Development and urbanization can lead to increased stormwater runoff and pollutants because of impervious surfaces (rooftops, driveways, streets and parking lots) which prevent rainwater from soaking into the ground and allow stormwater to pick up chemicals, dirt, and other pollutants and wash them into storm sewers.

Stormwater runoff from construction activities can have a significant impact on water quality as well. As stormwater flows over a construction site, it picks up pollutants like sediment, debris, and chemicals.

Activities at industrial facilities, such as material handling and storage, are often exposed to precipitation and stormwater. Rain and snow falling on these materials pick up pollutants and transport them to nearby storm sewer systems.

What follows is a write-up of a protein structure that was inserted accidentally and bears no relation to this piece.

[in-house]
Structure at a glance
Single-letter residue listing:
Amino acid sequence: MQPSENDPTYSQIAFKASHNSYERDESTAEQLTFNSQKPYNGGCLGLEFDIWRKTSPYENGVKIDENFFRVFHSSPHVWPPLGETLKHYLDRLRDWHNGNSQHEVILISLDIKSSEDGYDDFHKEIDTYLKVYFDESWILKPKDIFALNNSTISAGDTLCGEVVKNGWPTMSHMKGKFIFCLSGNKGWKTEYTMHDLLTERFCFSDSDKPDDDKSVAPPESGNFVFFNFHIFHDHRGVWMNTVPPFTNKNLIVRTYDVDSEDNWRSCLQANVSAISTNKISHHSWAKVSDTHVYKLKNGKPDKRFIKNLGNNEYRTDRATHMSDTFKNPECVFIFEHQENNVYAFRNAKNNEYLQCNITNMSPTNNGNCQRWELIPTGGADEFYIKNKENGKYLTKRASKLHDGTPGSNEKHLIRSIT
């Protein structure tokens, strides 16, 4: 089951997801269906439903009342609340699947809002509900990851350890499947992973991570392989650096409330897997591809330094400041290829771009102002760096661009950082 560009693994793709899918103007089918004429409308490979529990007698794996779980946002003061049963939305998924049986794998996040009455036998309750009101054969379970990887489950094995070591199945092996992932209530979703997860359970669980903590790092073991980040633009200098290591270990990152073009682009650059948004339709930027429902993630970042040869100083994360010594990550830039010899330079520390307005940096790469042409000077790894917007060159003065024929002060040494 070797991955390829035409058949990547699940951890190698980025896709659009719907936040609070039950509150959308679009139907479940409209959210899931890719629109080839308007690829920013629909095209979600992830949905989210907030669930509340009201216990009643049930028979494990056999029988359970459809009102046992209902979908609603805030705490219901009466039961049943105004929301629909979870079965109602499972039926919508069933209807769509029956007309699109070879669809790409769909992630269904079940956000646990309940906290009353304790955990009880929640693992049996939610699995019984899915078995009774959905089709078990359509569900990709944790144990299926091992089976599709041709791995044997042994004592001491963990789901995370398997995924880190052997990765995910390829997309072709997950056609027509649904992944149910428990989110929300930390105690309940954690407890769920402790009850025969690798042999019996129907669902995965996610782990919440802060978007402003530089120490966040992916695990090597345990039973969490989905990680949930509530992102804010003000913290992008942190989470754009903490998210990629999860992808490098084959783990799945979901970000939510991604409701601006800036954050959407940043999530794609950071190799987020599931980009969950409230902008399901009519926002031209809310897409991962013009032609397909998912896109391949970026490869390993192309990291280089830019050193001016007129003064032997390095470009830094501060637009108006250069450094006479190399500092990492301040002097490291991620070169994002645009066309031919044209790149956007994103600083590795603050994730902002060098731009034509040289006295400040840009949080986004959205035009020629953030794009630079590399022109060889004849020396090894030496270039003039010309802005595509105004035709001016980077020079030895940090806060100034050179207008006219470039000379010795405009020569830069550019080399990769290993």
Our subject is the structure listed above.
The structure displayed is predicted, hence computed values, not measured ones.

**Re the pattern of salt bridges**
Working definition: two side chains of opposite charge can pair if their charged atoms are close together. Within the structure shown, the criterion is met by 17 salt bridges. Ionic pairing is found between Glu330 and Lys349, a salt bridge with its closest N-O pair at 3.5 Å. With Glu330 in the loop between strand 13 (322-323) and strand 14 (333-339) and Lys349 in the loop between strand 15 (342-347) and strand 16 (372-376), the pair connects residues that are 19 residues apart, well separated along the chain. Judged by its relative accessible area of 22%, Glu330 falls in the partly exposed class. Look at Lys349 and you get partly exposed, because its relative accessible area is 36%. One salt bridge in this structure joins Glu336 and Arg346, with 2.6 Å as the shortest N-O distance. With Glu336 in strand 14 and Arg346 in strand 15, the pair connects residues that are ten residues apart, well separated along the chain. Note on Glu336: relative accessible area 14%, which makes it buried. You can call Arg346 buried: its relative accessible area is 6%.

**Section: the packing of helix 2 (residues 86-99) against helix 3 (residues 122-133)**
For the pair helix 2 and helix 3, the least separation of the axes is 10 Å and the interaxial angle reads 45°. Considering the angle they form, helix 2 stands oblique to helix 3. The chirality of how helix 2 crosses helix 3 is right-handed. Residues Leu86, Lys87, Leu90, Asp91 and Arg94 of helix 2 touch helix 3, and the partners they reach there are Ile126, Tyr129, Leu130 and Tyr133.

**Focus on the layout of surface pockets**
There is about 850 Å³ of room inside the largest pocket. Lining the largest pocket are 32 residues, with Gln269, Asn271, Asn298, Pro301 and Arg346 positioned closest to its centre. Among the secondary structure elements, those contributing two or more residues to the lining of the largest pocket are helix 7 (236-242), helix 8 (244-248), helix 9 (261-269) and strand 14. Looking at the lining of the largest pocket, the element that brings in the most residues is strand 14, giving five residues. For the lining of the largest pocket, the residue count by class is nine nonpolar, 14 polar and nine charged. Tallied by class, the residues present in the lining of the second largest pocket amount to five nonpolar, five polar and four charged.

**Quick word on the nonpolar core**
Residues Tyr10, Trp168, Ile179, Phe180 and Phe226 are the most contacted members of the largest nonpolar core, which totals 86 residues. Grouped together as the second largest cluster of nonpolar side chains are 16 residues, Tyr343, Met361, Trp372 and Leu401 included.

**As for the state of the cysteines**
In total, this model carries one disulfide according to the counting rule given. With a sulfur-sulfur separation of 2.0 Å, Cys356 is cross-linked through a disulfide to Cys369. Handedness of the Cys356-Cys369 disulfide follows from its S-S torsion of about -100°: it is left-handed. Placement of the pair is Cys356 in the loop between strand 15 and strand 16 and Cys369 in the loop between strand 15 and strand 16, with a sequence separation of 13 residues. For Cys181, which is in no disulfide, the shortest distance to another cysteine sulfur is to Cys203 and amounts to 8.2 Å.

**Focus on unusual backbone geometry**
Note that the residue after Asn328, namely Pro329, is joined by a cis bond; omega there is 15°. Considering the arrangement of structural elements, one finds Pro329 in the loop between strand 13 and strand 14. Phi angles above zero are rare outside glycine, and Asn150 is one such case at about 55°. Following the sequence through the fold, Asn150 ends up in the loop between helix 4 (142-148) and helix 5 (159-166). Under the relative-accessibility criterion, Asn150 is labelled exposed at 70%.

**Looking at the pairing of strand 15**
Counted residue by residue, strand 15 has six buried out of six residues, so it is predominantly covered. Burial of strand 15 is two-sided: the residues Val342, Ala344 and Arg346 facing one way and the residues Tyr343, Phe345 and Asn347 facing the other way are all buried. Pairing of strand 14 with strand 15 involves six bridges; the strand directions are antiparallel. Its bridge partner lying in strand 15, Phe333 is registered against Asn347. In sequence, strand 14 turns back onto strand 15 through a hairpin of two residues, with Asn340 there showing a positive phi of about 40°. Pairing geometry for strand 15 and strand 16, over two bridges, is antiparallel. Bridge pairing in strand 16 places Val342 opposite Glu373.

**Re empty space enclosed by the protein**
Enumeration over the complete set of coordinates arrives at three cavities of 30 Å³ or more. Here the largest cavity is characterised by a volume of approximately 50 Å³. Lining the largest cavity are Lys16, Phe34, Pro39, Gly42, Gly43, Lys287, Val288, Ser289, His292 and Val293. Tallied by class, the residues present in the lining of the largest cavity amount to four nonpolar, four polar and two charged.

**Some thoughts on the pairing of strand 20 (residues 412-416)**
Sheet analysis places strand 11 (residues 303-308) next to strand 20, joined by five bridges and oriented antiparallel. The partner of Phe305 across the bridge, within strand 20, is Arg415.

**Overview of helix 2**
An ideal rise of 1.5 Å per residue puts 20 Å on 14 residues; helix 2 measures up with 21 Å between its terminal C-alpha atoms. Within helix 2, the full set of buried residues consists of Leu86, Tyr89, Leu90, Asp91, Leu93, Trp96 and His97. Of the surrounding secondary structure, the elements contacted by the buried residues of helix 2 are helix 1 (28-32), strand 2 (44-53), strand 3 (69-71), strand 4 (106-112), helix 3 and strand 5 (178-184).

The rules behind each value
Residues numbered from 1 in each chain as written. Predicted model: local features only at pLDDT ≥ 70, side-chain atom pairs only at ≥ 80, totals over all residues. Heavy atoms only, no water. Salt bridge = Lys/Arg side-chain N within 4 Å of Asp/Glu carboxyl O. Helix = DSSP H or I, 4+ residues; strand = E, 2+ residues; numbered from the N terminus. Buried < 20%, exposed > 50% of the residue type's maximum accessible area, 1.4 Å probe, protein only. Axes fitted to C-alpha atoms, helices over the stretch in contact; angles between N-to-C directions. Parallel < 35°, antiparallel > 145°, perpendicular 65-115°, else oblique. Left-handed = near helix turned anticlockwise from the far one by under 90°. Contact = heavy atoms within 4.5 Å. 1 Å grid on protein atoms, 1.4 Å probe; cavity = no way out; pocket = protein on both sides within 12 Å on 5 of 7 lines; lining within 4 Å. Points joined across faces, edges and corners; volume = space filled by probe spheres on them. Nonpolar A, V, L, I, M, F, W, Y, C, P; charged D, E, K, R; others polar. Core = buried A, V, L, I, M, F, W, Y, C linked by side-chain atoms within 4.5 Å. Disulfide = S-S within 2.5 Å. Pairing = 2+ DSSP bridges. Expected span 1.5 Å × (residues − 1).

A decline in population of aquatic plants and animals can also be caused by improper stormwater and watershed protection. Sediment clouds the water, destroys aquatic habitat, and increases water treatment costs. Lawn fertilizers can cause algal blooms, bacteria and other disease-causing organisms can wash into water bodies and create health hazards, and hazardous chemicals such as oil, household pesticides, auto fluids, and paint solvents can poison aquatic life.

Improper stormwater and watershed protection can also lead to a loss of recreation and increased costs for treatment, maintenance, and regulatory compliance.

A common misconception is that stormwater runoff from streets and parking lots goes to a wastewater treatment plant. In fact, stormwater usually receives no treatment and if it flows through a storm sewer it's headed straight into the rivers and streams we use for boating, swimming and drinking water.